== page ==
One in five Americans will have a diagnosable mental illness within a given year, according to Mental Health America.
One in five of your neighbors, loved ones, and community. You cannot tell by looking at us who we are. Stigma can keep us from openly sharing this part of ourselves.
My name is Laura Kaponer and I am one in five.
In 2015, I relocated here from New York after falling into a horrible mental illness episode. I found comfort starting fresh among people who didn’t know this part of me. I wanted to leave this part of me behind in N.Y.
Quietly, I began attending NAMI Lowcountry Connections meetings. I was hoping to find solidarity in people like me and at the same time convince myself that I wasn’t really like “those people.”
I bought into the stigma of all the horrible things people with mental illnesses are.
I was ashamed.
All this denial and silence crippled my recovery. My behavior was reinforcing there was something inherently wrong with me and my peers. I would laugh at the jokes about mental illness coworkers made. It was important to blend in and separate myself from those with mental illnesses.
In 2018, everything changed. After abruptly resigning from a toxic job, I attended my third annual NAMI S.C. Conference.
Although I had always appreciated these events, this time was different. Brave people shared stories of loved ones, as professionals, and as the one in five. I realized I needed to add my voice as well.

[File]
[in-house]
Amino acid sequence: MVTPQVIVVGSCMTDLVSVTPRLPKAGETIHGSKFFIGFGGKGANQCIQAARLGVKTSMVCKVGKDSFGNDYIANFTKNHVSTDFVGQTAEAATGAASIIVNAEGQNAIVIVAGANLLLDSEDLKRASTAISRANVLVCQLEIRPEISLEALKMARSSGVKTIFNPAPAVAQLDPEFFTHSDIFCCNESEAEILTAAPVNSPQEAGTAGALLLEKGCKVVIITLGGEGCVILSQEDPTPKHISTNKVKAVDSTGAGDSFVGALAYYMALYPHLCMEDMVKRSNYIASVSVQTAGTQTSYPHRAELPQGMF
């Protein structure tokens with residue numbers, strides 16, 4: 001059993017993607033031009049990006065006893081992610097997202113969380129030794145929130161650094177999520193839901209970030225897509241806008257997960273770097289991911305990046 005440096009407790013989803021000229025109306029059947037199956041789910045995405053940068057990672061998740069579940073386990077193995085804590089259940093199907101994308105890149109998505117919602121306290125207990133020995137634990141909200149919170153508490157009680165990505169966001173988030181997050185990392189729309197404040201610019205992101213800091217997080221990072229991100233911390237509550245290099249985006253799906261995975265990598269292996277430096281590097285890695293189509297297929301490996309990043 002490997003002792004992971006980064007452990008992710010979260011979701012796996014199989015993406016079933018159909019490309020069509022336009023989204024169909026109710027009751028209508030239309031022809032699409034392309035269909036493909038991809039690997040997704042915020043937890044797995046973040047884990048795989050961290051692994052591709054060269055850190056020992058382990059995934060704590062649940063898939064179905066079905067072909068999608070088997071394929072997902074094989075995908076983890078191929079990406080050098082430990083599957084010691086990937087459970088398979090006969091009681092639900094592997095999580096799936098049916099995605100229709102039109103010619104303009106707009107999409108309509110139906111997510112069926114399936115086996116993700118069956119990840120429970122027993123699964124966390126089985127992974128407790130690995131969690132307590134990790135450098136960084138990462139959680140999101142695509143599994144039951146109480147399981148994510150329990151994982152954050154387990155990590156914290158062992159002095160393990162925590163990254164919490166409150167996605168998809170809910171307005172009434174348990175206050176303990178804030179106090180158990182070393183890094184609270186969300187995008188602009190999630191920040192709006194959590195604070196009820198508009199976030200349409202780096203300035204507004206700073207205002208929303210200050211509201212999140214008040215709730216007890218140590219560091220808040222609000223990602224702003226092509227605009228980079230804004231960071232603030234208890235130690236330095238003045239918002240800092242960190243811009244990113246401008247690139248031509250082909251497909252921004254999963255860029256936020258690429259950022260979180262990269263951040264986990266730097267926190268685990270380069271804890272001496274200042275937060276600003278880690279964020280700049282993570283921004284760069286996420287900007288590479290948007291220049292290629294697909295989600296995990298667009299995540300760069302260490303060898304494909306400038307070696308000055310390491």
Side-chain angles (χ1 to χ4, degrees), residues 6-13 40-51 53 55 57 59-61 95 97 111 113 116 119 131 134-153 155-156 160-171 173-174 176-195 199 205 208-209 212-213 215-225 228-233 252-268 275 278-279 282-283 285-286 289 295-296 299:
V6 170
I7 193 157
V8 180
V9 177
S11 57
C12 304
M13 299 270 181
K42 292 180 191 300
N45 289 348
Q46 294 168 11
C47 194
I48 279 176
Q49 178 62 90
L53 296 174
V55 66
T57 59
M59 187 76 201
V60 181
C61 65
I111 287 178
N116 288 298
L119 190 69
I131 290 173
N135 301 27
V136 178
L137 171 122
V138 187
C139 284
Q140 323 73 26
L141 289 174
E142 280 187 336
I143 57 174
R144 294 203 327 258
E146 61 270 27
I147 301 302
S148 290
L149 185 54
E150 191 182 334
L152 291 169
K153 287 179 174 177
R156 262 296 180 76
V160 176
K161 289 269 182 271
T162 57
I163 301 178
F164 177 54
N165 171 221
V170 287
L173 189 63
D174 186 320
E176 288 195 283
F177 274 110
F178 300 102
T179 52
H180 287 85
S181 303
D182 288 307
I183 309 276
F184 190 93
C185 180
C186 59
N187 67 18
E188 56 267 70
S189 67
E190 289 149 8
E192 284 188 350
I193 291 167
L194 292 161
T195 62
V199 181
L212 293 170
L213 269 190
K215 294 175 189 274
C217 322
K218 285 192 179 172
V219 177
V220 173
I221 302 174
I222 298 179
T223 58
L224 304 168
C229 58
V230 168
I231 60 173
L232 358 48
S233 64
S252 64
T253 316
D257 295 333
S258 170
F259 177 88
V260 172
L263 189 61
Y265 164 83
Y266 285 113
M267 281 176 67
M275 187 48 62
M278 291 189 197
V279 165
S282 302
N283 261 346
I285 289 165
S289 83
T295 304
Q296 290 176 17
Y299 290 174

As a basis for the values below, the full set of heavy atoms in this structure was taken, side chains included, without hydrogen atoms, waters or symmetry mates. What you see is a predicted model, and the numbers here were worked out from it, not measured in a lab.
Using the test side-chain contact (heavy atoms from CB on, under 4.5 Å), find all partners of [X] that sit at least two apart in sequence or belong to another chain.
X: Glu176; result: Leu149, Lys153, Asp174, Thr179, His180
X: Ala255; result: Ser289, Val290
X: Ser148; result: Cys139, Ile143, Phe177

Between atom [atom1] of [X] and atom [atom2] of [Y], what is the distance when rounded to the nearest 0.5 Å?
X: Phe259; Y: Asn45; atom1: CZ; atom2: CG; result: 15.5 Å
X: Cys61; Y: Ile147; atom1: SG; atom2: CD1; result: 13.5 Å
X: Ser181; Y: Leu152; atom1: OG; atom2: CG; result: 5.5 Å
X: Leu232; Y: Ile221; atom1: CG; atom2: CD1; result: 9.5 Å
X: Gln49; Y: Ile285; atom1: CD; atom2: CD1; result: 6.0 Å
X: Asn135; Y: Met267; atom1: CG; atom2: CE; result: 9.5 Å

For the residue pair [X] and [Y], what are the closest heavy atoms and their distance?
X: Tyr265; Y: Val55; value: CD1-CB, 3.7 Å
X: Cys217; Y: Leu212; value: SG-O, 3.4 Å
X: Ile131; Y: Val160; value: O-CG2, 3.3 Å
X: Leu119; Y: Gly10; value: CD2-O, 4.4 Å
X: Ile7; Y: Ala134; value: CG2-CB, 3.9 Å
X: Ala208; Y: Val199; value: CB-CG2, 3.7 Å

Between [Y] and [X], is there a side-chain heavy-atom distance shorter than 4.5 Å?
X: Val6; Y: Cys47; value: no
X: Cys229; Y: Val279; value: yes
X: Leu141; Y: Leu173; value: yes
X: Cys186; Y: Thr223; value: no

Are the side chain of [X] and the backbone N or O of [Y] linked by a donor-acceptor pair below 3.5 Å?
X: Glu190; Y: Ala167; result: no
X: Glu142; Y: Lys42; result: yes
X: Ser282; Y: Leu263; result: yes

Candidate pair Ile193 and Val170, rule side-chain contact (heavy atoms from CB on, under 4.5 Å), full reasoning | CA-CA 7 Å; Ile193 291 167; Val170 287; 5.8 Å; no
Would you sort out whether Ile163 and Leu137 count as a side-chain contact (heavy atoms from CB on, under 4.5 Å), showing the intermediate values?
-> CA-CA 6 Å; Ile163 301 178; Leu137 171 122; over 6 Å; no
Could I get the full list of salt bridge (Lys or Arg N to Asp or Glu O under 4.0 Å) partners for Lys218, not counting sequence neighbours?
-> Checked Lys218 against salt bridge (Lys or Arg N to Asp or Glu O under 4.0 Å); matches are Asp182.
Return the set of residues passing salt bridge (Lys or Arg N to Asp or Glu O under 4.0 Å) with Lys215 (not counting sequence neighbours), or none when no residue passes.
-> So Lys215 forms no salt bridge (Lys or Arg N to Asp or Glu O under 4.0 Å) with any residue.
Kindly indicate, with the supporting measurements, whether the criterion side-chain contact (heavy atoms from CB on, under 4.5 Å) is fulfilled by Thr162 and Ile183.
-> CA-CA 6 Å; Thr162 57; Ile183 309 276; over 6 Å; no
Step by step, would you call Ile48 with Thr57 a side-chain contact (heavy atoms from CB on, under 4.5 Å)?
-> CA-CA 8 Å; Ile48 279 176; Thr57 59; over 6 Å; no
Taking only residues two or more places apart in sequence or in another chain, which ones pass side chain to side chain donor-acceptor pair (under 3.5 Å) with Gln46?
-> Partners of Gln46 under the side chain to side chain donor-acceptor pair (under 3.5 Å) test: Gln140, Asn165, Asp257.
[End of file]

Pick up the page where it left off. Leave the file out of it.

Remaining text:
The only way I was going to do this was with full transparency. I wanted to share my triumphs as well as my perceived failures. I knew there would be risks: employers may not hire me, relationships might end, and there may be judgments from my community. Yet, I had to do it. I had to show my peers we don’t need to hide in the shadows.
There was nothing to be ashamed of.
It started slowly by opening up on social media. The positive response was overwhelming. This motivated me to contact every local publication expressing the importance of mental health advocacy and education. As expected, almost all of them ignored me.
However, two publications enthusiastically supported me. They felt what I had to say was worth hearing. I was encouraged to branch out beyond my own recovery experiences to share those of others. It was my honor to write about substance use disorder, bipolar, eating disorders, service animals, and dissociative identity disorder as well as other topics.
NAMI has this principle of support: “We find strength in sharing experiences.” I always interpreted that as the strength we find in the commonality with our peers. Now I believe the scope is much larger than that. It gives the one in five a voice.
I am Laura Kaponer and I am proud to be one in five.
Laura Kaponer is a mental health advocate and blogger, as well as a volunteer with the local chapter of NAMI. You can find her on social media by searching #Laurakaponeris1in5.